The Surrealist artistic movement and the Postmodernist cultural movement both ensured that individual thought would become the object of both art and architecture. The bond between these similar ideologies provoked a truly unique opportunity to develop an irrationally artistic architectural expression.
No collective effort has managed to create a world of dreams as pure and disturbing as these Art Nouveau buildings, which by themselves constitute, on the very fringe of architecture, true realizations of solidified desires, in which the most violent and cruel automatism painfully betrays a hatred of reality and a need for refuge in an ideal world similar to those in a childhood neurosis.
The Art Nouveau architectural style was notable for rich sculptural decoration and a synthesis of the arts, which were certainly not welcomed in Modernist architecture. However, such features were again revived in the s and s Postmodern architecture.
Such an artistic synthesis of architecture and sculpture or highly decorated architecture has many analogues in contemporary architecture to this day. However, the two most influential creations, the Merzbau artist Kurt Schwitters, — and the Endless House artist Frederick John Kiesler, , were displayed, not as objects of architecture, but as a sculpture 5 and assemblage 6 , despite the fact that they embodied the Surrealist understanding of a living space.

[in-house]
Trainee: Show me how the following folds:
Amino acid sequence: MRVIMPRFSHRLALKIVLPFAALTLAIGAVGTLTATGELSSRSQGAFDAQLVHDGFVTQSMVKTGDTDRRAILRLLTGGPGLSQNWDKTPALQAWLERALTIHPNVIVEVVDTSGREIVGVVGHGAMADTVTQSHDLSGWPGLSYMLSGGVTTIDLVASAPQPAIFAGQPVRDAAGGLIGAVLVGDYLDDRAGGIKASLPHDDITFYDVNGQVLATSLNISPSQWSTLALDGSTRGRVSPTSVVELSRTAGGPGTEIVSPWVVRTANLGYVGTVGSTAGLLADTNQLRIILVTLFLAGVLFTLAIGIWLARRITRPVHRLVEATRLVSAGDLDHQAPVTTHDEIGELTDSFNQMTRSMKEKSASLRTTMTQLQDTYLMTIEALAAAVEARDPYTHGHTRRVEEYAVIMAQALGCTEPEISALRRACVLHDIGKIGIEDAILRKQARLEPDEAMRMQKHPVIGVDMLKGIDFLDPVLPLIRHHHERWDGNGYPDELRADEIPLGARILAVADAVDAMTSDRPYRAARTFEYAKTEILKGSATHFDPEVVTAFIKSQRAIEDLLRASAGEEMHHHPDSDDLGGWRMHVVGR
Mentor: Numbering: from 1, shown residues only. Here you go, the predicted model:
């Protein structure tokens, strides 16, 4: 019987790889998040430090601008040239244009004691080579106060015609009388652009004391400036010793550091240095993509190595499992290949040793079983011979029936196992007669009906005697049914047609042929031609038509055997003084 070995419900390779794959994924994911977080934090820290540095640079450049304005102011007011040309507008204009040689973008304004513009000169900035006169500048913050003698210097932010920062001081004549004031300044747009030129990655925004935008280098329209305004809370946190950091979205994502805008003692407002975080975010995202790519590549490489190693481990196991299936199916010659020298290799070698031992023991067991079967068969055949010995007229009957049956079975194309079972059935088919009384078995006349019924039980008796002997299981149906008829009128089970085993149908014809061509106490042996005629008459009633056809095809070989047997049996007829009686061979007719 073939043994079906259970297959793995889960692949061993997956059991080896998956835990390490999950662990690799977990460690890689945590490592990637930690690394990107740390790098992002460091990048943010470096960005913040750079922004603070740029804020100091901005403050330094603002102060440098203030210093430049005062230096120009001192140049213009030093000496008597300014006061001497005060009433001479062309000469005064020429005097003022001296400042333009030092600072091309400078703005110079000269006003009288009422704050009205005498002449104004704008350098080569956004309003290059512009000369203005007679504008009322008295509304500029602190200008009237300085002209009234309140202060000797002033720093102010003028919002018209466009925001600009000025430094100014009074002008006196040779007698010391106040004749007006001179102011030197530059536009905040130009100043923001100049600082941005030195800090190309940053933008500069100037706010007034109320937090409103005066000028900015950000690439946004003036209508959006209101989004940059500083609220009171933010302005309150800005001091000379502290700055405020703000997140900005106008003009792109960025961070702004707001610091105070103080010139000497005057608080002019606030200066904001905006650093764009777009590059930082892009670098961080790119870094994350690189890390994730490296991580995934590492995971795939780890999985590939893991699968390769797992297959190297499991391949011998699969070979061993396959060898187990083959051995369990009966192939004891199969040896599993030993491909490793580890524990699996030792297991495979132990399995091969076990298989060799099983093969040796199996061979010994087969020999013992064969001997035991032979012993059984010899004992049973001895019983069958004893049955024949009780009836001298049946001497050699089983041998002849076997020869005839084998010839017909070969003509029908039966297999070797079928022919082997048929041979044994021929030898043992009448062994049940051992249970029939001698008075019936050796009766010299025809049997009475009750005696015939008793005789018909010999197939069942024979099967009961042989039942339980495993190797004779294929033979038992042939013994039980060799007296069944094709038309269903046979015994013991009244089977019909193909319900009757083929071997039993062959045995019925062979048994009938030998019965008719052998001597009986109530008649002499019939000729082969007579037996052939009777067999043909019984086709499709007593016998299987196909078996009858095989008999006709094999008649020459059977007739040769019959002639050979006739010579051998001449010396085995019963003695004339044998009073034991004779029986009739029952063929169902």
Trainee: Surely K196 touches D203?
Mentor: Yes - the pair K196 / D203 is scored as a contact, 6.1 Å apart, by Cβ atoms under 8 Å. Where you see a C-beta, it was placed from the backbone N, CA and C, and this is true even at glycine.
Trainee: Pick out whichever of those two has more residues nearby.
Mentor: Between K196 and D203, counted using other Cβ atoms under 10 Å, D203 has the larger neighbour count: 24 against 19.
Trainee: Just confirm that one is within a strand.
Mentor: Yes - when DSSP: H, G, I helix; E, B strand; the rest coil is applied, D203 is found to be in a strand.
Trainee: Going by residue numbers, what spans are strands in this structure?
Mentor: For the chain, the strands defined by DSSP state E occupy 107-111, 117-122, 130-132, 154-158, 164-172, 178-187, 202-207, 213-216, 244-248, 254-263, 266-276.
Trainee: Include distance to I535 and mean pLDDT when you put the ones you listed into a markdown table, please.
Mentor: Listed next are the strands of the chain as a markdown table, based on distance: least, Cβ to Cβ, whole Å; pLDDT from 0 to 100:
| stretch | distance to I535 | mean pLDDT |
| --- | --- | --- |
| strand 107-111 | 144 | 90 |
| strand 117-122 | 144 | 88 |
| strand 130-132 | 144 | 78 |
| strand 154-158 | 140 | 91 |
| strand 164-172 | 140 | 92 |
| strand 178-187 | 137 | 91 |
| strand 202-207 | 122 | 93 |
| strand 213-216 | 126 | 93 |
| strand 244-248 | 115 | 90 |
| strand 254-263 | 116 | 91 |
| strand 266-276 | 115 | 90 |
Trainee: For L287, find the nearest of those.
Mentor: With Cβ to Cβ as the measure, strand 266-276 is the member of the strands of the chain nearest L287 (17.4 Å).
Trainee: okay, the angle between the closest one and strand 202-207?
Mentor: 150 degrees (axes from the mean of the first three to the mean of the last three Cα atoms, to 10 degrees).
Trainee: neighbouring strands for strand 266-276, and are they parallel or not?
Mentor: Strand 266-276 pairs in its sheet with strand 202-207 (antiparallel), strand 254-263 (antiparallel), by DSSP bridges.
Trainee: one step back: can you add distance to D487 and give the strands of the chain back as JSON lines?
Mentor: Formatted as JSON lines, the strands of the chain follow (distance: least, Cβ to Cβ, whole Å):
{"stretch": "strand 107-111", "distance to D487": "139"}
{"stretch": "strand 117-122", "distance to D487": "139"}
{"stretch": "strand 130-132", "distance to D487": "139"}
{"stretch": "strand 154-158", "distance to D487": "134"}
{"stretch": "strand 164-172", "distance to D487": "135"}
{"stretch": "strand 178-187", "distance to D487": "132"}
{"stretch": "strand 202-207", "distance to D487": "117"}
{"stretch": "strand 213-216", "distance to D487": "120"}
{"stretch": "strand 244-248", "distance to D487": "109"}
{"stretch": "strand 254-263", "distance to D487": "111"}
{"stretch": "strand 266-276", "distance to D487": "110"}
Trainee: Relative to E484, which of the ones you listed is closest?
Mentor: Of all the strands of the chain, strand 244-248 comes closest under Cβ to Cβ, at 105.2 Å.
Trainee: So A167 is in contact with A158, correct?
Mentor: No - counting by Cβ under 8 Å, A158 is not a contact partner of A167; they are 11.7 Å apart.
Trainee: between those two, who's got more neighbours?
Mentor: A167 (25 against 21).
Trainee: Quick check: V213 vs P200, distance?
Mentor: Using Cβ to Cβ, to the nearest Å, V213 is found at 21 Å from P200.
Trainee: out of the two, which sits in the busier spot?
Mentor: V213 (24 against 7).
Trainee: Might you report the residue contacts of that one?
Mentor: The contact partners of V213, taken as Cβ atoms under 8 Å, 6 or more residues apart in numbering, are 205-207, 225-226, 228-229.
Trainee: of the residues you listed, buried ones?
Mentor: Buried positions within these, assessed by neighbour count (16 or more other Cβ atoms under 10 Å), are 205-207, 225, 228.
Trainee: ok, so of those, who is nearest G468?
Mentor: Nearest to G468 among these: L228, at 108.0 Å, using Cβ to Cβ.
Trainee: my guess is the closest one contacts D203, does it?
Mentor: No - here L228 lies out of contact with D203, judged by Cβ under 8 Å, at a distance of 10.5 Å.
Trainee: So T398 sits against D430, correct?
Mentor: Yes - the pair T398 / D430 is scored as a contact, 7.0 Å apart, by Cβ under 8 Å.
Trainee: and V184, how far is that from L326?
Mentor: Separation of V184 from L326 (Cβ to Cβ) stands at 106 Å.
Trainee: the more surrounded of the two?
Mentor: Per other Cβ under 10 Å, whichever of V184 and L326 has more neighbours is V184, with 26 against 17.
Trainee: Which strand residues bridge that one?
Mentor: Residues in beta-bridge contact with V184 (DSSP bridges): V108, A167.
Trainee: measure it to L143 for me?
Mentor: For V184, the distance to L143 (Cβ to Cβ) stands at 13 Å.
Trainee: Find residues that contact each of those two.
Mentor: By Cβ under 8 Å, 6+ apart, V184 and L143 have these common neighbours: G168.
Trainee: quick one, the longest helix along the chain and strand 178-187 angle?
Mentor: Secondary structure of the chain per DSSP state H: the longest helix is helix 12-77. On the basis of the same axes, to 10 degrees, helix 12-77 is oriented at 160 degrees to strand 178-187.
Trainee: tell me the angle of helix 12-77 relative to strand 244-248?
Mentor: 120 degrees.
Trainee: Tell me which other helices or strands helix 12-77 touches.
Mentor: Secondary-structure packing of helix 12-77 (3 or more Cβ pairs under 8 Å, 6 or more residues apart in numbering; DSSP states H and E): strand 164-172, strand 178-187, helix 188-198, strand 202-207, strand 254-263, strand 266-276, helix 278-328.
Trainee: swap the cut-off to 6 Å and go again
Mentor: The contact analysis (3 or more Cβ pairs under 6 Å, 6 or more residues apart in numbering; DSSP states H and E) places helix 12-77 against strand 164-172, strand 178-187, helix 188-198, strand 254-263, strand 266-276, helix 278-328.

Both these sculptures blurred the lines between distinct borders of space or separate surfaces — they introduced ideas of indeterminacy, continuity, fluid movement and also the spontaneous creation of unfinished, ever-changing and unplanned formalistic architectural expression. Fluid movement and distinctively vague, indistinct interior spaces are the trademark of such well-known architects as Zaha Hadid — , Kendrick Bangs Kellogg b.
Notoriously sculptural exterior expression is also the trademark of Frank Gehry b. Both of these qualities are common to Japanese architect Arata Isozaki b. However, contemporary architectural trends such as Deconstructivism or Blobism are often treated as an extension of Postmodernism, which, in its turn, was heavily affected by the irrational Surrealist artistic ideas and concepts.
In the mid-twentieth century, such irrational ideas could only be realized as conceptual designs; however, similar ideas are now a fundamental part of 21st-century architecture. This article will make the argument-based statement that those Surrealist concepts were a potent catalyst for the emergence of some of the architectural trends from the second half of 20th century right up to our present age.
In naturalistic form, in naturalistic colour, and in naturalistic line, plastic relationships are veiled. To be expressed plastically in a determinate way, relationships must be represented only through colour and line. In his own terms, the Russian painter Kazimir Malevich — published the Suprematist Manifesto Unovis , which claimed that:.